Bank of Canada
Bloomberg News

“Looking at distributed ledgers in which only authorized entities can make payments or perform functions on the system, we found at a very high level that we didn’t really see that there was much promise in terms of net benefits (to a bank),” said Scott Hendry, senior special director overseeing financial technology research at Bank of Canada.

Even in just looking at the costs of operating a wholesale payments system, it is not clearly evident that the distributed ledger would be a benefit over a centralized system for inter-bank payments that are already in place, Hendry said last week during the annual Payments Symposium at the Chicago Federal Reserve Bank.

Those involved with the proof-of-concept Jasper Project and its various phases have concluded that a standalone blockchain wholesale payment system is unlikely to replicate the benefits of a centralized wholesale payment system, but it does have some potential in interacting with broader aspects of the financial market infrastructure.

One such example would be adding cash on the same ledger as payments involving exchange-traded assets, in order to settle the “cash leg” of each transaction.

“We are modernizing the payments system in Canada, but it is not being done because it is inefficient,” Hendry said of the country’s faster payments initiative. “It is being done because it is an old platform and we want to add functionality.”

Still, the key lesson learned from Project Jasper is that banks need to look at it more broadly than as just a core payments system to determine where the payoff might be for distributed ledger technology, Hendry added.

Project Jasper will continue to research the potential for blockchain in a cross-border payments setting.

“I applaud the Payments Canada folks for following through with Project Jasper,” said Peter Tapling, chief commercial officer at SpringLabs, a company building blockchain-based protocols for financial services and other industries.

“As an industry, we are never going to know how some of this stuff works unless somebody follows it through all the way to the end,” Tapling said.

A plus for blockchain is that it doesn’t present a major learning curve for banks in that it is not a technology entirely foreign to the industry.

“We clearly understand the cryptographic transforms that are being used in blockchain, so that’s good that we don’t have to re-learn that,” Tapling said. “But the new things are the value chain and the consensus model, and we do have to wrap our heads around that.”

Tapling said it is good for a bank’s technology team to have researched new innovation and has a clear focus on what problems it is trying to solve and has already formulated a technology it believes might work.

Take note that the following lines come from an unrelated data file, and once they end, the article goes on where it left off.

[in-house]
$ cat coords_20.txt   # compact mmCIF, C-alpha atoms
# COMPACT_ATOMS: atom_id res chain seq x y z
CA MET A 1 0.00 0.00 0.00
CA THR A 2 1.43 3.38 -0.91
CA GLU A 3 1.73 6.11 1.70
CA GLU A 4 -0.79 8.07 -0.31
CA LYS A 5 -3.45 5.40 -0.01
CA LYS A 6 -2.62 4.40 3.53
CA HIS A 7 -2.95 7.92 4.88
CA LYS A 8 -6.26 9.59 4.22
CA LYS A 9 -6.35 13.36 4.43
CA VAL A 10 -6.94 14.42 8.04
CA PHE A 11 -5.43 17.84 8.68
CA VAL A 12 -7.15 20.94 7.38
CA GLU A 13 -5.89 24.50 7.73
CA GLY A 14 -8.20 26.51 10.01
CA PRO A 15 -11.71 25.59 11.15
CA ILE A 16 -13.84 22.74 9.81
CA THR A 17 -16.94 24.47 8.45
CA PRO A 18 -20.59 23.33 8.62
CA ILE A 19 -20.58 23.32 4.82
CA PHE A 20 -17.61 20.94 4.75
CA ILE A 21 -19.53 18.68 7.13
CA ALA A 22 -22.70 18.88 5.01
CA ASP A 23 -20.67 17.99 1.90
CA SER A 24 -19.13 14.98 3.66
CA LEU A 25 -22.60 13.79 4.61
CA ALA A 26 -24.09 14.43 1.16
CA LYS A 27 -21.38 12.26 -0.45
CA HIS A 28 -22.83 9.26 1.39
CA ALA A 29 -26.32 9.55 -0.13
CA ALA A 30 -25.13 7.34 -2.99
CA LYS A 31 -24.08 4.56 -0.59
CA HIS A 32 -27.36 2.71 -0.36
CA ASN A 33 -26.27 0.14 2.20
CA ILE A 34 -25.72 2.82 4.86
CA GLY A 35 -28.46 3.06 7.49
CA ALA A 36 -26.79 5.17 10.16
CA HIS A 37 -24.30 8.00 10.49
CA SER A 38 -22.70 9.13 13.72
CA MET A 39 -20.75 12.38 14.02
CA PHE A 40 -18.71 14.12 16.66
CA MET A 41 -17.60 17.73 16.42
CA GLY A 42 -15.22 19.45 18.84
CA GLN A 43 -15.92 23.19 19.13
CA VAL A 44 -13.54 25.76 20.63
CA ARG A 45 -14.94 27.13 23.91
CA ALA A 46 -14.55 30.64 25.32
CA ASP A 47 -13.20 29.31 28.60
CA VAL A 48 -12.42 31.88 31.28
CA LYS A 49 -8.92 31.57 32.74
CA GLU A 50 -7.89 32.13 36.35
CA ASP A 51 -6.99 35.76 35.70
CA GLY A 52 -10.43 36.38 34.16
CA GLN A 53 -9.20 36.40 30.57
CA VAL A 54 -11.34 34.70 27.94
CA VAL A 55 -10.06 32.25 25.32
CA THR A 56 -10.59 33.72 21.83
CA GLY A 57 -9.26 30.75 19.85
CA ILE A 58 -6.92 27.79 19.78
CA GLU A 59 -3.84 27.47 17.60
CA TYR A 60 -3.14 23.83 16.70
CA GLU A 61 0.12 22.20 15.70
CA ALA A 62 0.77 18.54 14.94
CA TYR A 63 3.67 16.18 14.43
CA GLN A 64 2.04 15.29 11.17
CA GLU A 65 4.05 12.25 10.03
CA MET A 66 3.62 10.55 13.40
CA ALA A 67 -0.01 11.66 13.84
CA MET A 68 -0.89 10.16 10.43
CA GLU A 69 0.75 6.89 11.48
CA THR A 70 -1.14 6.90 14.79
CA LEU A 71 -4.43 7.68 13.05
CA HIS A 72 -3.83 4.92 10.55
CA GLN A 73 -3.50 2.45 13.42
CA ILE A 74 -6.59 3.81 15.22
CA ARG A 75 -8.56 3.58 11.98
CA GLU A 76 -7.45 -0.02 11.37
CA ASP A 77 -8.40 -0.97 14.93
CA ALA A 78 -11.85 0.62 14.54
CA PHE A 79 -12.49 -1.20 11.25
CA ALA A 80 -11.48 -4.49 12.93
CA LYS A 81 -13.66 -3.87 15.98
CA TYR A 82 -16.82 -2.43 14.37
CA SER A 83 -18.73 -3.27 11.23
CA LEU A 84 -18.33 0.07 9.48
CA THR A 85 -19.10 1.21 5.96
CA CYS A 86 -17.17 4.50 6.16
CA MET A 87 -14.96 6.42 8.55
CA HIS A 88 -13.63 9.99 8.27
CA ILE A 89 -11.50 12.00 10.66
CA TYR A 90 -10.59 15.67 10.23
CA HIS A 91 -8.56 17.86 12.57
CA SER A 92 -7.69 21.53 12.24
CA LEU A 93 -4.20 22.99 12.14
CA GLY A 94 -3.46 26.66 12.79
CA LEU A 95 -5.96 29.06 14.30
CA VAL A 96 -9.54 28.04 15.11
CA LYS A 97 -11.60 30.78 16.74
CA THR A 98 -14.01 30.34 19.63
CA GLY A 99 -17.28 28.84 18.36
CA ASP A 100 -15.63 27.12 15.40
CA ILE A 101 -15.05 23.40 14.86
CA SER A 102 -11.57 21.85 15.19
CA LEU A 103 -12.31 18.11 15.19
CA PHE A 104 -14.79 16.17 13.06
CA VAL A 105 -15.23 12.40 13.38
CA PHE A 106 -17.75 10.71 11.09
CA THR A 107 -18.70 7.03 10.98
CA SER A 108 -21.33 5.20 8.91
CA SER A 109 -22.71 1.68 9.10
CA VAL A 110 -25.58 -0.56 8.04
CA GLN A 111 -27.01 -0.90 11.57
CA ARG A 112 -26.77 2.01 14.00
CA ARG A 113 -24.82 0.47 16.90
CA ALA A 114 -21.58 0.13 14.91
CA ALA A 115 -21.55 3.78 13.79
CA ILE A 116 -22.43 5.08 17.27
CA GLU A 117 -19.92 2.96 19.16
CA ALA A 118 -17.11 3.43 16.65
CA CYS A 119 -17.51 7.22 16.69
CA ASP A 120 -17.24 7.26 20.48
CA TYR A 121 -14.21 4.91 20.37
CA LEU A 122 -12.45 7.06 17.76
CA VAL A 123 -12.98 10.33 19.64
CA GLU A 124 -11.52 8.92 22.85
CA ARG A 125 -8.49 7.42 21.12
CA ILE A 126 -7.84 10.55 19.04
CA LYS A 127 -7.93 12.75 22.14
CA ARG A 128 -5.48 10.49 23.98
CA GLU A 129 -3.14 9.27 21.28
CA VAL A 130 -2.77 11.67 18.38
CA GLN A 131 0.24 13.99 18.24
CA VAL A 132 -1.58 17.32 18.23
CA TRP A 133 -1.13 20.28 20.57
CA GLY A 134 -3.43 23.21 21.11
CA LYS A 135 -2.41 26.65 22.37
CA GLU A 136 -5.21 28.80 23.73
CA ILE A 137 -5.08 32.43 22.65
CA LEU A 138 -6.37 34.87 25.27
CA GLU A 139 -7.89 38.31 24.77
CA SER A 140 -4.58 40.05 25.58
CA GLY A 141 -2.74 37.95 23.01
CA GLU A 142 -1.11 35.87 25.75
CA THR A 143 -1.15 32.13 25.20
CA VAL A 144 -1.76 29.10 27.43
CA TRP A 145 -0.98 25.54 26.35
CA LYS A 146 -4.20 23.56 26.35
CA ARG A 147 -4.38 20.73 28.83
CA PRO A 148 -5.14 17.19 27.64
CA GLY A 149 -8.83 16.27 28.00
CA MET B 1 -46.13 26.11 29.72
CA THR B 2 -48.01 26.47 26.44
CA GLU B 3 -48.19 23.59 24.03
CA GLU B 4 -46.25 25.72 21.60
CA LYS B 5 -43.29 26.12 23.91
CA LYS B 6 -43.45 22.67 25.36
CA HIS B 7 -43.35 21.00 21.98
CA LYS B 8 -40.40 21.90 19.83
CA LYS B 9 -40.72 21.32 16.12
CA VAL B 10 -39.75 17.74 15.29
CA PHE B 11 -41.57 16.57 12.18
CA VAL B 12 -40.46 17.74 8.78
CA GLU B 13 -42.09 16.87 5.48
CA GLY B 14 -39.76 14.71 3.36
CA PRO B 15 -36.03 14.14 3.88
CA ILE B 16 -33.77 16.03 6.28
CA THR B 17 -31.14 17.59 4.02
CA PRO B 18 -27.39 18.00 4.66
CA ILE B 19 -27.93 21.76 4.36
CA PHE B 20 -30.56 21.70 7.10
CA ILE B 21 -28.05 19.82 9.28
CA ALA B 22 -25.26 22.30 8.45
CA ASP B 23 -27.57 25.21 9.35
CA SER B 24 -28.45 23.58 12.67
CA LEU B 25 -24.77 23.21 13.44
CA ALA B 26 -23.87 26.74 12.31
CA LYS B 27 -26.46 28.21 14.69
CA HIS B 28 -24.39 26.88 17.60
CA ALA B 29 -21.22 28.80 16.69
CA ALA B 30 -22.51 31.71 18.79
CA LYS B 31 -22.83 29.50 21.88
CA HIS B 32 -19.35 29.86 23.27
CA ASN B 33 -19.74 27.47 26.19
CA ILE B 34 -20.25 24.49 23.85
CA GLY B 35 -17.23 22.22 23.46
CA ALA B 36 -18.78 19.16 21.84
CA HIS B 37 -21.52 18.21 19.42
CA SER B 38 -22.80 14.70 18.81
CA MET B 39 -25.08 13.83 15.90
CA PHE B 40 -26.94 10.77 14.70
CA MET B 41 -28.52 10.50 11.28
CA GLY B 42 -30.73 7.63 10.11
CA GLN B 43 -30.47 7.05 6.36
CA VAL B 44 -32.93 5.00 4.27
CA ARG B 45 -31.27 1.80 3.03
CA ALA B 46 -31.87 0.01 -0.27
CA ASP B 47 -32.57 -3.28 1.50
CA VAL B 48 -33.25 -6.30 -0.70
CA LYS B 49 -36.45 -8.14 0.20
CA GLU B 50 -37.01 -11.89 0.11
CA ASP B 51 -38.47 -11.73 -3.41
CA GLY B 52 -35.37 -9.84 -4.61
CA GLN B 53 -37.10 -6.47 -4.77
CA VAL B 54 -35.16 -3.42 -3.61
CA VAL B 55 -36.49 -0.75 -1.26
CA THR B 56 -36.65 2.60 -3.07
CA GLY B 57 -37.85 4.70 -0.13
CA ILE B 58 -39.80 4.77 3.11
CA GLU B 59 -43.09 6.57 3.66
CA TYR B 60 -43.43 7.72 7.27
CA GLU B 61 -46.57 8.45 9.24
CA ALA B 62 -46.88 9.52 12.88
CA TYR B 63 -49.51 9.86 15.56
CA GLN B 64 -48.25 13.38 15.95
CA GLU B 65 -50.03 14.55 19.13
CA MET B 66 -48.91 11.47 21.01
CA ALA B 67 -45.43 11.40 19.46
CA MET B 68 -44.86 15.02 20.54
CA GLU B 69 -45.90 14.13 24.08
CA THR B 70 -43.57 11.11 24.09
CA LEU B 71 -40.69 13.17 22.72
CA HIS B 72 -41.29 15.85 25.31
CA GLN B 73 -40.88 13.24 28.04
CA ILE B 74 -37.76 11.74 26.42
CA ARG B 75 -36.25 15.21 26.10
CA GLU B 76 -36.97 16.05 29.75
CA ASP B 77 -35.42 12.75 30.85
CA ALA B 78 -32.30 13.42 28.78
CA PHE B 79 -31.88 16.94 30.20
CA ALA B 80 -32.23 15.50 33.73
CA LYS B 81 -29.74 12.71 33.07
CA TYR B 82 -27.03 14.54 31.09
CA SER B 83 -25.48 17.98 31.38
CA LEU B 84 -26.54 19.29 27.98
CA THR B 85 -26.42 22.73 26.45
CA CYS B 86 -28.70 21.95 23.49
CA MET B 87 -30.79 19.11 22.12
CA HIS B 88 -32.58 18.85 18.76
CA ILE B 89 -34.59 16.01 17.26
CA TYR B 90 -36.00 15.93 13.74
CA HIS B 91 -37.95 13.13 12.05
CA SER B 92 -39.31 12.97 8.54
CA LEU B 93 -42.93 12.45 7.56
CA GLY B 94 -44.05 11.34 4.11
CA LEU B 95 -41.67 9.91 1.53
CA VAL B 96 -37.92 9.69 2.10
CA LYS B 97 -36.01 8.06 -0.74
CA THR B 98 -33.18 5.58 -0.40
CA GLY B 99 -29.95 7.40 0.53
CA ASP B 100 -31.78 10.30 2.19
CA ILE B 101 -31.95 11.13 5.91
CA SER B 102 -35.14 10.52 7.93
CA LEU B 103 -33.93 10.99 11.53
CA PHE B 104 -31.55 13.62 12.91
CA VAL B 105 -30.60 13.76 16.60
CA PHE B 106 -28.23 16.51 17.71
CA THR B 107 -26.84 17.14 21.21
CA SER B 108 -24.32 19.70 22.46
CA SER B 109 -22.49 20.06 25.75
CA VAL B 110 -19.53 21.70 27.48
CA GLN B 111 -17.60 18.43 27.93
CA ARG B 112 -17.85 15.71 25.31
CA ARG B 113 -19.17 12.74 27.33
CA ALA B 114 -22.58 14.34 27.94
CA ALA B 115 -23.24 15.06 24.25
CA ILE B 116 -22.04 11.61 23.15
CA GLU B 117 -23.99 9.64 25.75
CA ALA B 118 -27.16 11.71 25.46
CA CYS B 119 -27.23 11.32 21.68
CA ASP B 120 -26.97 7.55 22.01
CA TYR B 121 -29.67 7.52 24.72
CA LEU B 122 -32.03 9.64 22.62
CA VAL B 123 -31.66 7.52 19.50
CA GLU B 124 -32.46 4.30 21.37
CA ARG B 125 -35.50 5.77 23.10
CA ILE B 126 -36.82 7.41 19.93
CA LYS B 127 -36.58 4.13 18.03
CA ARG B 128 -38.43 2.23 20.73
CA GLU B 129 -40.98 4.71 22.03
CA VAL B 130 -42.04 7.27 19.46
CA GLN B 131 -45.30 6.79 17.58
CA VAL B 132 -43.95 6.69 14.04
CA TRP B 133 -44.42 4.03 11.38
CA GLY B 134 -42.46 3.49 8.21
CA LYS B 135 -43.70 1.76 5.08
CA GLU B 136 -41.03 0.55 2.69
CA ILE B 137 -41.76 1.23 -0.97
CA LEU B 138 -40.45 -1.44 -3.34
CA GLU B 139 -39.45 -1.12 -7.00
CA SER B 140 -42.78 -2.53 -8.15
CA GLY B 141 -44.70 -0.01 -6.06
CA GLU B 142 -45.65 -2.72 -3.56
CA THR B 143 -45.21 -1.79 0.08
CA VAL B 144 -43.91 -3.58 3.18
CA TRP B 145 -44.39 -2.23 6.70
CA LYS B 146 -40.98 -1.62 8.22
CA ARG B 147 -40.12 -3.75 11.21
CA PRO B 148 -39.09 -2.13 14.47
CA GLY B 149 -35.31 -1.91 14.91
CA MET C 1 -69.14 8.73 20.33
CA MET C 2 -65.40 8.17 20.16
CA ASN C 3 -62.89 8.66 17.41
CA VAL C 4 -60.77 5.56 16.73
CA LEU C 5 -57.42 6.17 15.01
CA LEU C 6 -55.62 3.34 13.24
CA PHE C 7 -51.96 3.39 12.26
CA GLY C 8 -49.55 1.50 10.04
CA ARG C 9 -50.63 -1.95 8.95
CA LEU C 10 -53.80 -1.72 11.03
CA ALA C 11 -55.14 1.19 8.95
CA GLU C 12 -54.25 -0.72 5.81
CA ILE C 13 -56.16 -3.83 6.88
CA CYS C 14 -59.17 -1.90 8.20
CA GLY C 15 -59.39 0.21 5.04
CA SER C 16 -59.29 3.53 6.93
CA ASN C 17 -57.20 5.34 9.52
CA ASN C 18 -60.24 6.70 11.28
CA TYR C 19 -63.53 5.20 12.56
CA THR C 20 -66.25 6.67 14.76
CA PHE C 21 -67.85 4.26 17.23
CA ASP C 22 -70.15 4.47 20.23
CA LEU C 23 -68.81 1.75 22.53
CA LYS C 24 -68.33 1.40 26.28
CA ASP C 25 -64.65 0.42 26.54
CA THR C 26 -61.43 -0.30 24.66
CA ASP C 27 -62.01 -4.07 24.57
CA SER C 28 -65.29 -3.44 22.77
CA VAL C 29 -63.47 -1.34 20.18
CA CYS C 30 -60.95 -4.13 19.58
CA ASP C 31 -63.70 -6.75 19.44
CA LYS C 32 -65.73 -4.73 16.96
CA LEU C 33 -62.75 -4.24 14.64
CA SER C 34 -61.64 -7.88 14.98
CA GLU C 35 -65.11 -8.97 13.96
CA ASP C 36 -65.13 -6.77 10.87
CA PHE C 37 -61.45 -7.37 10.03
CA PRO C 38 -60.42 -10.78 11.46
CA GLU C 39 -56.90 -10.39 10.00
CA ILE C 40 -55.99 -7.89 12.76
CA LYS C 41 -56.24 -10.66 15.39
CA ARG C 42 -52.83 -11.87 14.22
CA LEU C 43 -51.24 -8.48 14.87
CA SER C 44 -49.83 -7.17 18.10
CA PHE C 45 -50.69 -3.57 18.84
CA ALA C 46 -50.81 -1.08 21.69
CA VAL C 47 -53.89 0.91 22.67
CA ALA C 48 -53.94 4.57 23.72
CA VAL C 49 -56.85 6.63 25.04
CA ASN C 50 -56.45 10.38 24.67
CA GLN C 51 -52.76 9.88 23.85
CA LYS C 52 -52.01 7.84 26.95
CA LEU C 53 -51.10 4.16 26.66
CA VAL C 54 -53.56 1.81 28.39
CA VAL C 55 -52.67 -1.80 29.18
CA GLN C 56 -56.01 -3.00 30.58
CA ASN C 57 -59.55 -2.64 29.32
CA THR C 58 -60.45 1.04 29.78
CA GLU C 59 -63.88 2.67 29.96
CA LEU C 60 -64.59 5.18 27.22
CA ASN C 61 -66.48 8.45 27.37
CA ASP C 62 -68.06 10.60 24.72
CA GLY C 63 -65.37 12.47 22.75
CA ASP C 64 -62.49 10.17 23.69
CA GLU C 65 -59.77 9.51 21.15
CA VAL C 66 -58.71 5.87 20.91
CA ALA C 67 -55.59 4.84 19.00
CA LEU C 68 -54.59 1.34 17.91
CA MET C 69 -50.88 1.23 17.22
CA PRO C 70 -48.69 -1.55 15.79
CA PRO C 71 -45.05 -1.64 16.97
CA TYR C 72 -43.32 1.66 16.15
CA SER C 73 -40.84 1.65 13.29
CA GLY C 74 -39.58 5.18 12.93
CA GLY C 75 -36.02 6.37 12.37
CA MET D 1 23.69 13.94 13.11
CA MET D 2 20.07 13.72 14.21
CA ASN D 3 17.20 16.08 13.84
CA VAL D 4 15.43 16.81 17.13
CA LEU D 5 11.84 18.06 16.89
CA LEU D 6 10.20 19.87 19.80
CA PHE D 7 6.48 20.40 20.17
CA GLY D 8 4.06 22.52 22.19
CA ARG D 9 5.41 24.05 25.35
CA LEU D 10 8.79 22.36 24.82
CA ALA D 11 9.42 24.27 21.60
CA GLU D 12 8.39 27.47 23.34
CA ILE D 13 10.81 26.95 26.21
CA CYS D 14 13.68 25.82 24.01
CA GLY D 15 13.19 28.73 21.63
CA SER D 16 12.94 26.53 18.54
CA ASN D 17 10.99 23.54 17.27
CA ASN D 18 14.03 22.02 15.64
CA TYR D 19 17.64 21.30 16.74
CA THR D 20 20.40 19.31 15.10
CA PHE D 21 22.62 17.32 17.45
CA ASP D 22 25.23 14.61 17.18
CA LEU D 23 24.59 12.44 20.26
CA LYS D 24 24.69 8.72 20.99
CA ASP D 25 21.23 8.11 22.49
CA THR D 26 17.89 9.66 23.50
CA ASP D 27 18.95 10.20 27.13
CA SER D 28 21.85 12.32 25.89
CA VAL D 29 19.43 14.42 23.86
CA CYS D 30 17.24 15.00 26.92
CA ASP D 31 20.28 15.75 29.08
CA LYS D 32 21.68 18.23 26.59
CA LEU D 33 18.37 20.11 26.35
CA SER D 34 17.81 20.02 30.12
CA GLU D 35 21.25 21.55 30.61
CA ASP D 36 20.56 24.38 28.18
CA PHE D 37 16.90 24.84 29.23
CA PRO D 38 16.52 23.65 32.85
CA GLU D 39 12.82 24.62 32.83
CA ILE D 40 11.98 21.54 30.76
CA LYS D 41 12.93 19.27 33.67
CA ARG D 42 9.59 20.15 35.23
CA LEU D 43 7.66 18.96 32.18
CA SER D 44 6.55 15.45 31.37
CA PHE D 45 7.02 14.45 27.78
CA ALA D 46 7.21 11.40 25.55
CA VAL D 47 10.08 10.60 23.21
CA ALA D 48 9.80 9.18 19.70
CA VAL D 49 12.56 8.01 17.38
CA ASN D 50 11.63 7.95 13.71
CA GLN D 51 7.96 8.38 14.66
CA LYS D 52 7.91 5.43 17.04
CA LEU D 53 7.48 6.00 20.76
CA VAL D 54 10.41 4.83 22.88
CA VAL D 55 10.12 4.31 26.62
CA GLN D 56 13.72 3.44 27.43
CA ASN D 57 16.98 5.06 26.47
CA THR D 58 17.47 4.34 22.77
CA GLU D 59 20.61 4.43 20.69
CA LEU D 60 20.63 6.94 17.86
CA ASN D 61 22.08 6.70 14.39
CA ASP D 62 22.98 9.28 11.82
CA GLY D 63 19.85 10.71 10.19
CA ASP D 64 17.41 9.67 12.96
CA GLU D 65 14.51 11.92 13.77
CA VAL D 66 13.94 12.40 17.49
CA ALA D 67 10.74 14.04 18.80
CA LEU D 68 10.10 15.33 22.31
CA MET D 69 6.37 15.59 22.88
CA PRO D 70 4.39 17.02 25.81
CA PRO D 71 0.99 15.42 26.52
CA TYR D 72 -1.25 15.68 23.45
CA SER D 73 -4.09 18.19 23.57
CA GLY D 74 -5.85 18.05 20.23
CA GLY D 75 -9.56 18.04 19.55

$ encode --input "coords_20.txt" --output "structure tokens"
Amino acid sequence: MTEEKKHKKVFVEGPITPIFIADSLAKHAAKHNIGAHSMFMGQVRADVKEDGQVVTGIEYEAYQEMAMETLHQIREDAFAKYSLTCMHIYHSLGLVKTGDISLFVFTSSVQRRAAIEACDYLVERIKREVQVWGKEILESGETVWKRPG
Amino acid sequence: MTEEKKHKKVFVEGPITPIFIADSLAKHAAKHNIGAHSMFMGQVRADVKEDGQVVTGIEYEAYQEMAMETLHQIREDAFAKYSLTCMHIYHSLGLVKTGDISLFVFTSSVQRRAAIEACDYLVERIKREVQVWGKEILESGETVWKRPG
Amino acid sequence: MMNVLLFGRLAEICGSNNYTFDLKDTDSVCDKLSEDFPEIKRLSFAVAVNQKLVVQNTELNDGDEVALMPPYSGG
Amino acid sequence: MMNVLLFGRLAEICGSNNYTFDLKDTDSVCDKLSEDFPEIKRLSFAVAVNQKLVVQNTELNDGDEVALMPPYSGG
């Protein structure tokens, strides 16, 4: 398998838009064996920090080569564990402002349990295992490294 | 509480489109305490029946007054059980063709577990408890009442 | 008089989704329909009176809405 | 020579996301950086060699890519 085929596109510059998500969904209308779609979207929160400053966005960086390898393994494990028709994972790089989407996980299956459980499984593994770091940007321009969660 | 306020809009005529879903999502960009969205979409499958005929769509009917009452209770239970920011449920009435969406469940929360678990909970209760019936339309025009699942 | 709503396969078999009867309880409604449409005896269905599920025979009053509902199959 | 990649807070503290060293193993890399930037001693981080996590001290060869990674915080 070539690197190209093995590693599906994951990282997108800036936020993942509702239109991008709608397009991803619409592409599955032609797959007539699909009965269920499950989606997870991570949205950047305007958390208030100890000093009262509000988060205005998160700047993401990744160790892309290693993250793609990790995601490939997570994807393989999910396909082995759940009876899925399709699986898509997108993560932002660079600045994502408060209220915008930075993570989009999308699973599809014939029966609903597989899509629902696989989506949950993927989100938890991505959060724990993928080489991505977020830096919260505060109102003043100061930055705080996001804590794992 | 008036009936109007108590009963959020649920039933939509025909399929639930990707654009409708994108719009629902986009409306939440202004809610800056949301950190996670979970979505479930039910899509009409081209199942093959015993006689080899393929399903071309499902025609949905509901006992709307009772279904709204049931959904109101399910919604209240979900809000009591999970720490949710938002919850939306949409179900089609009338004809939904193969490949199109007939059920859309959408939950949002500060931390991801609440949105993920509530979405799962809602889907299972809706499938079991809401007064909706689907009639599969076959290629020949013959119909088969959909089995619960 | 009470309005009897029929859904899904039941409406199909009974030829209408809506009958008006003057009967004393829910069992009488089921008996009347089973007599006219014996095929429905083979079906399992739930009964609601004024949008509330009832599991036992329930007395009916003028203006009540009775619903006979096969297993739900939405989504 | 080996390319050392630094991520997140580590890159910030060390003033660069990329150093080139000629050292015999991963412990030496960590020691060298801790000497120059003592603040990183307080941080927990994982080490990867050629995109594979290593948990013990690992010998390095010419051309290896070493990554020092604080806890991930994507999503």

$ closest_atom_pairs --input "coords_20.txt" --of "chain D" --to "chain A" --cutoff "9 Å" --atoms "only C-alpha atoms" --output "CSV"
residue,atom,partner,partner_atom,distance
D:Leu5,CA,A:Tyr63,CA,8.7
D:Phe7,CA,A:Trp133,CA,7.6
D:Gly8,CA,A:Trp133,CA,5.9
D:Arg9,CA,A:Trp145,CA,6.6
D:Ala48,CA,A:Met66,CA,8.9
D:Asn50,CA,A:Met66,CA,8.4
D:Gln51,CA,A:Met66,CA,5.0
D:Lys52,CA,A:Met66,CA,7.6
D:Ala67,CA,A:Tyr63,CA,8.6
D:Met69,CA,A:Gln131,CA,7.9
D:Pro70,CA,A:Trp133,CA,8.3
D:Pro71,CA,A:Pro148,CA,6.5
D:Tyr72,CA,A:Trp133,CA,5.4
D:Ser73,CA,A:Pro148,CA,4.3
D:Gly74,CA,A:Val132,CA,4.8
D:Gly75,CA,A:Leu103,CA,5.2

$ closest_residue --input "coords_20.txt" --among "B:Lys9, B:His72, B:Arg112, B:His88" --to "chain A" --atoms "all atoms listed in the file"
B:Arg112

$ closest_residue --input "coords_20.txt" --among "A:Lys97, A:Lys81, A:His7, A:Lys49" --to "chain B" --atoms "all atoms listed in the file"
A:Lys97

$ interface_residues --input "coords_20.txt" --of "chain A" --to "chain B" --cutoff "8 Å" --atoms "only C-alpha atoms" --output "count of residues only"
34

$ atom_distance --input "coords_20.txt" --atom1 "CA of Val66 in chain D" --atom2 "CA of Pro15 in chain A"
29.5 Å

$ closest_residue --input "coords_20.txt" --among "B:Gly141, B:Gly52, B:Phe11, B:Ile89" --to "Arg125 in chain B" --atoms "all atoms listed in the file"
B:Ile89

“In speaking to many of the banks (executives), it seems that on average it can cost $1 million just to get a project started because they need a project manager, a legal person and a security person (along with IT),” Tapling said. “It is hard work to dig into the research and see if a new technology works for them.”

Hendry acknowledged the process is vital, but that even Project Jasper is only testing what could be, or might be.

“We go into these phases with several hypotheses that we want to test,” Hendry said. “The unfortunate part is these are proofs of concept, rather than real production systems.”

In that regard, the researchers are “only getting an indication of what the answer would be as opposed to hard data,” he added. “The answers are qualitative, rather than quantitative.”

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Coinbase Seeks Patent for Security-Enhanced Bitcoin Payment System

Software giant IBM also has several under its belt, including one for “node characterization in blockchain,” which would allow a distributed ledger to …

U.S.-based digital currency exchange Coinbase has filed a patent on a new Bitcoin payment system designed to make cryptocurrency payments safer. The new platform will provide an added layer of security for users’ keys and allow them to make Bitcoin payments directly from their digital wallets.

A segment of the patent filing states, “It may be a security concern for users that the private keys of their Bitcoin addresses may be stolen from their wallets. Existing systems do not provide a solution for maintaining security over private keys while still allowing the users to checkout [sic] on a merchant page and making payments using their wallets.”

If approved, the system would work by allowing customers to encrypt their passphrases into a master key to create an additional buffer against theft. The master key encrypts customers’ private keys and whatever transactions are made. Once a transaction is complete, the master key is deleted, ensuring no outside party can gain access to the information. A new master key is created for each transaction.

Another novel element of the system is its “freeze logic,” which would allow administrators to suspend the system and prevent transactions from occurring in the event of a theft or cyberattack. The patent reads, “At any point in time after the master key is loaded, the system can be frozen. The system can be unfrozen after it has been frozen using keys from the key ceremony. The checkout process can be carried out when the system is frozen and when the system is unfrozen. The payment process can only be carried out when the system is unfrozen and not when the system is frozen.”

Lastly, the application proposes API integration capabilities, which would enable various websites to run versions of the payment system. The API uses a specific pair of keys – one of which is stored on the corresponding website, the other on Coinbase – that must match for a transaction to be approved and completed.

This is not the first time Coinbase has filed for such a patent. The company had tried for something similar nine times in 2015 alone, leading critics to accuse the exchange of trying to build a monopoly on bitcoin services. CEO Brian Armstrong denied this, saying that the company’s goal was to keep blockchain technology away from “patent trolls.”

“One of the best ways to defend against patent trolls is to build your own portfolio of patents, and this is exactly what we are doing, along with just about every other tech company out there,” he wrote in a blog post. “It is an unfortunate game we all must play, but we didn’t invent the rules.”